The largest mosque in Scotland was recently solarised in order to drive down its carbon emissions and encourage buildings of worship to step up their fight against climate change.
“As stewards of the earth, it is our moral responsibility to do everything we can to protect our planet and ensure it is preserved for future generations. For too long, we have overlooked this fact and it is now time to realise our obligations and act,” said Irfan Razzaq, General Secretary of Glasgow Central Mosque.
“Today marks an important step in tackling this and ensuring that the UK’s Muslim community plays an important part in this existential battle. With more than 1,500 mosques across the country, Muslims can play a leading role in our transition away from polluting fossil fuels and ensuring we can all cut our emissions and meet our 2050 targets.”
Energy savings from the solarisation will allow the mosque to fund other community initiatives such as an urban food growing project to further reduce carbon emissions. The mosque has also committed to hosting annual awareness sessions for the local community on the dangers of climate change and the importance of green energy solutions.
The initiative, funded by the international aid organisation Islamic Relief and announced during the COP26 climate conference, will see 130 solar panels installed with the aim of cutting out an estimated 18,000kg per year of CO2 emissions.
“The solarisation effort of this iconic building – located right across the river from where world leaders are meeting at COP26 – must encourage actions on a global scale. We hope it sparks a domino effect for a wide variety of places of worship to cut their emissions and act as beacons in the fight against climate change,” said Tufail Hussein, Director of Islamic Relief UK.
“Climate change is already wreaking havoc. Our teams are seeing first-hand the human misery it is causing on a mass scale – millions of people are being displaced, millions more are on the brink of famine as harvests fail. With 80 percent of the world adhering to a faith, it is critical that faith leaders take a stand against the pillaging of our planet.”
In recognition of these efforts, the Glasgow Central Mosque has been selected as part of a major Greenpeace Middle East and North Africa’s Green Mosques initiative, highlighting the huge potential that solarising major mosques around the world can have in cutting back greenhouse gas emissions and setting an example for other communities.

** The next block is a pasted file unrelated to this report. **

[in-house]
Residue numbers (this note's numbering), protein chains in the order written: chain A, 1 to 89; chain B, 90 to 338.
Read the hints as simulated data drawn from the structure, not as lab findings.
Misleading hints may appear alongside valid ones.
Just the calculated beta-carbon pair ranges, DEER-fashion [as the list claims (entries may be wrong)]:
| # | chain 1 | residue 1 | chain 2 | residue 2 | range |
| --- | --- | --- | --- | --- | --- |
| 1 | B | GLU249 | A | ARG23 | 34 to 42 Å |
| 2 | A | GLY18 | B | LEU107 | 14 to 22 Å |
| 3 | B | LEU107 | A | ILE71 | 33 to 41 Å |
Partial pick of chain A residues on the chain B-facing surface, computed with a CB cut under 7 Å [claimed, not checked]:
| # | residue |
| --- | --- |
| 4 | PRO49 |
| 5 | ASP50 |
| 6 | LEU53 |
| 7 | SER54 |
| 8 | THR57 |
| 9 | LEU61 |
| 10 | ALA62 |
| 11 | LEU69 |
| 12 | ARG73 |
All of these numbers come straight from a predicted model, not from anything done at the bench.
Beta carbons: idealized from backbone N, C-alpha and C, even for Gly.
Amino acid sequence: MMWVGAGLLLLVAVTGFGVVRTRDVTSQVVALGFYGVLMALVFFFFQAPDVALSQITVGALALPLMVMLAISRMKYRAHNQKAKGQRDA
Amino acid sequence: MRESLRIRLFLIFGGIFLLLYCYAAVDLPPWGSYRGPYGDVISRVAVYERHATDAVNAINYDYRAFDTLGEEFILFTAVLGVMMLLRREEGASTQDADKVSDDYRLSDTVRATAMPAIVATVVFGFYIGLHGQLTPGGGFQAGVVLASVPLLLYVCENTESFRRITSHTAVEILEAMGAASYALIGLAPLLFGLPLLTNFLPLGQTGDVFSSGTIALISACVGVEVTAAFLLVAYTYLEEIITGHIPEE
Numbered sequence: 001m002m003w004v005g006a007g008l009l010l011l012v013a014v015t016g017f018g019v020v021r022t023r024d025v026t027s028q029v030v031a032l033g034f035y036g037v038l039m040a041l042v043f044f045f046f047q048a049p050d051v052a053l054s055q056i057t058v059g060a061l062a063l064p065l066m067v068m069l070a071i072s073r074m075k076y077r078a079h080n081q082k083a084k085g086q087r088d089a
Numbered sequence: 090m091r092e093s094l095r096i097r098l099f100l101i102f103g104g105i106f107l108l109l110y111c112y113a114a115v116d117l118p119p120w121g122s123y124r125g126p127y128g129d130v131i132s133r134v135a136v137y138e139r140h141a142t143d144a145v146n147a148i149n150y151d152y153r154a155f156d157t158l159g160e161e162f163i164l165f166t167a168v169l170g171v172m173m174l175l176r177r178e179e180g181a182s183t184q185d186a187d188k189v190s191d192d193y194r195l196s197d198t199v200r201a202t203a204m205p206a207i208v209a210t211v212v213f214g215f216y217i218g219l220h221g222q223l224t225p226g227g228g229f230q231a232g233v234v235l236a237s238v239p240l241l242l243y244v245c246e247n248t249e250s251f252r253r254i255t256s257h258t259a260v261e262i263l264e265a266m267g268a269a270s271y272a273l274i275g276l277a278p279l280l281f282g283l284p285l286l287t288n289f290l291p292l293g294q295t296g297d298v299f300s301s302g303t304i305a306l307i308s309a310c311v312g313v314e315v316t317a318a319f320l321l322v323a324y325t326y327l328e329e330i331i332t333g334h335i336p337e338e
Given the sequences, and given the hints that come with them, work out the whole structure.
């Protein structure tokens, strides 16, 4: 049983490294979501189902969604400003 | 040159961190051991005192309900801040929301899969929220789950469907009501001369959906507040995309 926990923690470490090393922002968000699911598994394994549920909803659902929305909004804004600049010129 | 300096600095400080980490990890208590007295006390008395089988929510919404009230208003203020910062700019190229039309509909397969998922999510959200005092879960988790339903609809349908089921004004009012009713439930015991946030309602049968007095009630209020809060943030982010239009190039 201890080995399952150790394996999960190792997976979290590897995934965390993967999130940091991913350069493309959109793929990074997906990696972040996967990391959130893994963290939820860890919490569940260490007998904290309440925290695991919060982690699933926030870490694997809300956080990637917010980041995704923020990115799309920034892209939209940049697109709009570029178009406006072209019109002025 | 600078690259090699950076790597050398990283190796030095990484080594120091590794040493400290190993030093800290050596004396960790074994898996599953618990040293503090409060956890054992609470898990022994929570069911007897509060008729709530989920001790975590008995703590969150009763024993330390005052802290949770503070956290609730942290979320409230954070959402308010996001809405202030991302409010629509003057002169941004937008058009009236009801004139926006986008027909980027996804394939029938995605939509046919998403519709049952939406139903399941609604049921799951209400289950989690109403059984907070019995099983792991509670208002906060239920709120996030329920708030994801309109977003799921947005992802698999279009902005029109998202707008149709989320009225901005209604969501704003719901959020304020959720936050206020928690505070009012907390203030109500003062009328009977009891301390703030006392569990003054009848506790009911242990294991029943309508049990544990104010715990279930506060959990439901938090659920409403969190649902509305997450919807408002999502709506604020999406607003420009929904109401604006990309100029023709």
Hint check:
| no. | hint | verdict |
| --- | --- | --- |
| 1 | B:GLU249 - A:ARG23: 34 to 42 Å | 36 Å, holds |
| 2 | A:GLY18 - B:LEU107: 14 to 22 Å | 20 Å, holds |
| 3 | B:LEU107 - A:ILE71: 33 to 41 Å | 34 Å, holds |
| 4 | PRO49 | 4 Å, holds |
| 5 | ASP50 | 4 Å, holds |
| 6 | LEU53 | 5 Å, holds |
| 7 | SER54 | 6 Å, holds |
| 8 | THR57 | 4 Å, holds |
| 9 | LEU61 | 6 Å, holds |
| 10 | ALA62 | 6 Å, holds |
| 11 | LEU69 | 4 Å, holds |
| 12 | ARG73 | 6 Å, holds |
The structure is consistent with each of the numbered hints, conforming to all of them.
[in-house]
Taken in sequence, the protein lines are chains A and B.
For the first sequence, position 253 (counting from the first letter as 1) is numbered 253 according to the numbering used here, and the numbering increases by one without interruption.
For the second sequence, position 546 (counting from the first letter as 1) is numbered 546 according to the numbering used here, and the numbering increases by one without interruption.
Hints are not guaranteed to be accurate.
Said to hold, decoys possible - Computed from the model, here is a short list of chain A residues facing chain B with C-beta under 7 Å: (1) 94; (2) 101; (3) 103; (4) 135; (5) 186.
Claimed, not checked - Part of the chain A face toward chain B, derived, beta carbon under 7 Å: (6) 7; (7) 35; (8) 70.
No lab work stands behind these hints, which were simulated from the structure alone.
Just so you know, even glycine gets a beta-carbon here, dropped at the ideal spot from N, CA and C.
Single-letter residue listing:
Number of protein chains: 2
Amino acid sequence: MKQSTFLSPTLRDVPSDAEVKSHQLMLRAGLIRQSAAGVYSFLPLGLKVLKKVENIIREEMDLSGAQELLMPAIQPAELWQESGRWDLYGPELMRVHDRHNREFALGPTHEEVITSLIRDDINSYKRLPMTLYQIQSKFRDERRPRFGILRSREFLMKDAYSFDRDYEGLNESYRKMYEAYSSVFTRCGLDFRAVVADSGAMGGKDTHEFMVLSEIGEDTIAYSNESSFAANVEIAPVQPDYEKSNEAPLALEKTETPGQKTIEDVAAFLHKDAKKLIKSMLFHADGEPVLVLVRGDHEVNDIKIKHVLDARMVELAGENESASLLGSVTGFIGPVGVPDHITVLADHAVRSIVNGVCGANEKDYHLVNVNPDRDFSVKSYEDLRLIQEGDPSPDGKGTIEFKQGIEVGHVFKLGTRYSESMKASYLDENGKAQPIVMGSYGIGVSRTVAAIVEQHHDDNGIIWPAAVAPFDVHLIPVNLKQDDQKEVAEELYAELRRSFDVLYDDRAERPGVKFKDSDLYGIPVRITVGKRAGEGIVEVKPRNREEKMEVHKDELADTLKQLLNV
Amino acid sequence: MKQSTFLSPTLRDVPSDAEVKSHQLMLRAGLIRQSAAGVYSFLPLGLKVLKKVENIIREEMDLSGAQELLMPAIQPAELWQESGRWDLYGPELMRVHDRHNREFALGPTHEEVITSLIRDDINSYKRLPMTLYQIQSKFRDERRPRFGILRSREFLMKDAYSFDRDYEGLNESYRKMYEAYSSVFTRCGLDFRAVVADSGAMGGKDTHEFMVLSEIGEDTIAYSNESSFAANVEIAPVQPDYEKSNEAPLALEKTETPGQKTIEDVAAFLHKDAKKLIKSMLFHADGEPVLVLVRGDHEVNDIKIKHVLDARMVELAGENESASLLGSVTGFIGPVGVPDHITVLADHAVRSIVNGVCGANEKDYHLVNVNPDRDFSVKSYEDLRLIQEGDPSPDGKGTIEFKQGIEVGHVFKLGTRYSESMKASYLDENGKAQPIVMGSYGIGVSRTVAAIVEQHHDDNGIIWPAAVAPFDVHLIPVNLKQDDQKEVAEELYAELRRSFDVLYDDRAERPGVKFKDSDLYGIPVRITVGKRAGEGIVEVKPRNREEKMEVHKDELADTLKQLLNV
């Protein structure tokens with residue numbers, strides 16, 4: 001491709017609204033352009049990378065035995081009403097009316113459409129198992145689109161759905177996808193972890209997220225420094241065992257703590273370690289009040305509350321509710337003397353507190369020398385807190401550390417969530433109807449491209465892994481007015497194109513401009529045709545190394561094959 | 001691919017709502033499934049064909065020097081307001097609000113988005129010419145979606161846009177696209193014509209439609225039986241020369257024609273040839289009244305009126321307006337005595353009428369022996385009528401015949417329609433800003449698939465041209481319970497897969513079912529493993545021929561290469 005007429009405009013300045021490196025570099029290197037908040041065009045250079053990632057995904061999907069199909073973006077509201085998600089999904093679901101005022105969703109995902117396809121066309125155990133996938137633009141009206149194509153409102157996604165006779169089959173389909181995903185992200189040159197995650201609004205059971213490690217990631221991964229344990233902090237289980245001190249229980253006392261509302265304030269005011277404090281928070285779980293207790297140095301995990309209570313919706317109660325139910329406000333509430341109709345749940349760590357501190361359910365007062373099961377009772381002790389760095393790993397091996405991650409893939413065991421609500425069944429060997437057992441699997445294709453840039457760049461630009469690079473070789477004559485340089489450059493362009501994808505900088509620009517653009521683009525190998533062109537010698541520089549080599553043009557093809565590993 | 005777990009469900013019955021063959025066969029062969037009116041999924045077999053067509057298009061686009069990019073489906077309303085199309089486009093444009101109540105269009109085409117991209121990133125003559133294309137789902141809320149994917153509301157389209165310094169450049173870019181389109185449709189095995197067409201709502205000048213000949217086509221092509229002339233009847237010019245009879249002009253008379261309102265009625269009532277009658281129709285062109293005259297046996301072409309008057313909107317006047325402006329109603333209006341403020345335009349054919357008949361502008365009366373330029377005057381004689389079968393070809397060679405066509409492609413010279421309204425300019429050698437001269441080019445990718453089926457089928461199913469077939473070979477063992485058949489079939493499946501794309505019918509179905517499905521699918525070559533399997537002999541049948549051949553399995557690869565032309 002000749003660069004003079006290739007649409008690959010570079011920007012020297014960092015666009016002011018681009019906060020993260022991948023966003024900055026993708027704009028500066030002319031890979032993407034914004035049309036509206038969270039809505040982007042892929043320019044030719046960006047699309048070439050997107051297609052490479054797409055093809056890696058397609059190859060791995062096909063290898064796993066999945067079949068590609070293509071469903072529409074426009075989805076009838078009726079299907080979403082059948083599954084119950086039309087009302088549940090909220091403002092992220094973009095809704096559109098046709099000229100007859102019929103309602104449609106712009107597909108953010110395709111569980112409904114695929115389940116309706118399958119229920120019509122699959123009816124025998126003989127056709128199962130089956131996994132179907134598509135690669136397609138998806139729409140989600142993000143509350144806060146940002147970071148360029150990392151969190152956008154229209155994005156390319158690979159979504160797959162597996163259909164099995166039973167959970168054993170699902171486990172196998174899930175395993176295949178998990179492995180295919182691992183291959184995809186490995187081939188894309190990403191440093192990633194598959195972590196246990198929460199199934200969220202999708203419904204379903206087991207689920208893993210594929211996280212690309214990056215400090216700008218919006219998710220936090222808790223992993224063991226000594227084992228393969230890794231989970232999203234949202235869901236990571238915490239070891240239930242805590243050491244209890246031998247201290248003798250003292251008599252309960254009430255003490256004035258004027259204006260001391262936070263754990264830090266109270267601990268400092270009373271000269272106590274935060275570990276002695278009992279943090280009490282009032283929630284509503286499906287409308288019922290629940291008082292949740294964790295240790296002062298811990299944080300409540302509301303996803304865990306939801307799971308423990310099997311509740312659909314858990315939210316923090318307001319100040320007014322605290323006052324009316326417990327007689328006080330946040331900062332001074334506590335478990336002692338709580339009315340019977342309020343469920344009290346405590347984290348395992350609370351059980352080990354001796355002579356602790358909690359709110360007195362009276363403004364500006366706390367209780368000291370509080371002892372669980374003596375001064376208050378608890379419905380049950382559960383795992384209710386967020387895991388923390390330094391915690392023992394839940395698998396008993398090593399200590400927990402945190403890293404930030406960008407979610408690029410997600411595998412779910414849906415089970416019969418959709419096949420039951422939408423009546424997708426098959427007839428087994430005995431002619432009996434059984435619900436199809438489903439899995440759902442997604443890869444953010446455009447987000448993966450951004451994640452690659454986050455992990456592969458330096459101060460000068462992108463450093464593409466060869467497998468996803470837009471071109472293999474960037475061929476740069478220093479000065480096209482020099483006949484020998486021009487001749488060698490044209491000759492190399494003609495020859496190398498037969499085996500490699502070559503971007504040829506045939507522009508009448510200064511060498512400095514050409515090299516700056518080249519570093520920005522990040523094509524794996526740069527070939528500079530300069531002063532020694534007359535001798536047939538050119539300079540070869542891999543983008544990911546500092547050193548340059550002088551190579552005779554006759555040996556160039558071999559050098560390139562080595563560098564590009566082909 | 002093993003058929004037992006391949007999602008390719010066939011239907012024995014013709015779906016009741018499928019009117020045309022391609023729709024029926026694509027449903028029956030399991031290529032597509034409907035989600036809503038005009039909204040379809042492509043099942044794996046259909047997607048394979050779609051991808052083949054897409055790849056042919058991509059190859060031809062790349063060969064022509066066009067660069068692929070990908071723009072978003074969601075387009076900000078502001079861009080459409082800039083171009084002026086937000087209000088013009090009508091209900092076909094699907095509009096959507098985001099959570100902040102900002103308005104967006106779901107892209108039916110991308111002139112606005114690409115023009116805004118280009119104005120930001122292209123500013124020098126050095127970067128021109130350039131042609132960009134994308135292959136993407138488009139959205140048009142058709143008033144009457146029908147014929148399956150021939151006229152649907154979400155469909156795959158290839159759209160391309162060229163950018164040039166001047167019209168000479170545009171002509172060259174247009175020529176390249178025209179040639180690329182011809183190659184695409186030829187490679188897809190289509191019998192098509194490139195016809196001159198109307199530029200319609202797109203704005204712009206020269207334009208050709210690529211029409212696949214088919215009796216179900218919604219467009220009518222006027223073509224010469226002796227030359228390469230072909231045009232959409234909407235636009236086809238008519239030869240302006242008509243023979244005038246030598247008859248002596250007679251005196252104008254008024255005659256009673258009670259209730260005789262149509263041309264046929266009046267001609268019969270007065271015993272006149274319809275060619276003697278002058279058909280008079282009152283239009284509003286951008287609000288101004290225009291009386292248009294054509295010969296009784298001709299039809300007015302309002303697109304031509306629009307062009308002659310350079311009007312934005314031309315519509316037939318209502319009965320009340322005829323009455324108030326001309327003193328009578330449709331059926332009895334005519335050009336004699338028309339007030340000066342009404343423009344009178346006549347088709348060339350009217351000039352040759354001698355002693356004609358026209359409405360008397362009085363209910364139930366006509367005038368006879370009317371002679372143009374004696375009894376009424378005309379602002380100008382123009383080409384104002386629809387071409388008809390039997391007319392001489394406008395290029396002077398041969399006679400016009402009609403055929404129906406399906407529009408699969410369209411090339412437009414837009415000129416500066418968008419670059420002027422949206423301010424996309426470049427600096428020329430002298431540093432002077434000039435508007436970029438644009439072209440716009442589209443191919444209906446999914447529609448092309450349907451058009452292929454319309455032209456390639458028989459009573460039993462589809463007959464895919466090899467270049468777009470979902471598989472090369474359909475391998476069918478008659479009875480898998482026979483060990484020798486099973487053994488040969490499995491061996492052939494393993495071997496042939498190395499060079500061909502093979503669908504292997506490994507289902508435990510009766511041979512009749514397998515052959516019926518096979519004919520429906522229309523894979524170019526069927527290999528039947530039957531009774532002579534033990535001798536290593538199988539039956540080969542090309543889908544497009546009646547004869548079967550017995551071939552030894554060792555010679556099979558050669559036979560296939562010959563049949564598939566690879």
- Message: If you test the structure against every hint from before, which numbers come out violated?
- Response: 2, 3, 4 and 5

“This project shows the real potential that the Muslim Ummah has to be part of the solution to the worsening climate emergency. Beyond just the direct environmental benefits of ‘greening’ these places of worship, the ability to act as centres of culture and spirituality means they exert huge influence on people and communities,” said Nouhad Awwad, Project Campaigner on Ummah for Earth at Greenpeace Middle East and North Africa.
“This is a wake-up call for political, community and faith leaders of our Ummah to step up and take the environmental impact of their communities more seriously, reminding people of their responsibilities towards their fellow humans and the natural world as stewards and protectors of the earth.”
Islamic Relief and Greenpeace MENA, as part of the Ummah for Earth Alliance, expect the greening effort to spark “domino effect” among religious communities across the world.
A detailed report with analysis calculating the savings to be made by solarising key sites, such as the Al Nabawi mosque in Medina, Al Haram Mosque in Mecca and Al Azhar Mosque in Cairo, will be released by Greenpeace MENA as part of the organisation’s activities at COP26.
Islamic Relief is using COP26 to urge the UK government to raise its ambition and set up a specialised green fund for houses of worship of all faiths to support their transition to net zero emissions by 2050.
As historical, cultural and iconic buildings are often the most used places for worship and as community hubs, Islamic Relief is also urging the government to set up dedicated dialogue channels with faith leaders to ensure people of faith are properly engaged toward meeting wider environmental and net zero targets.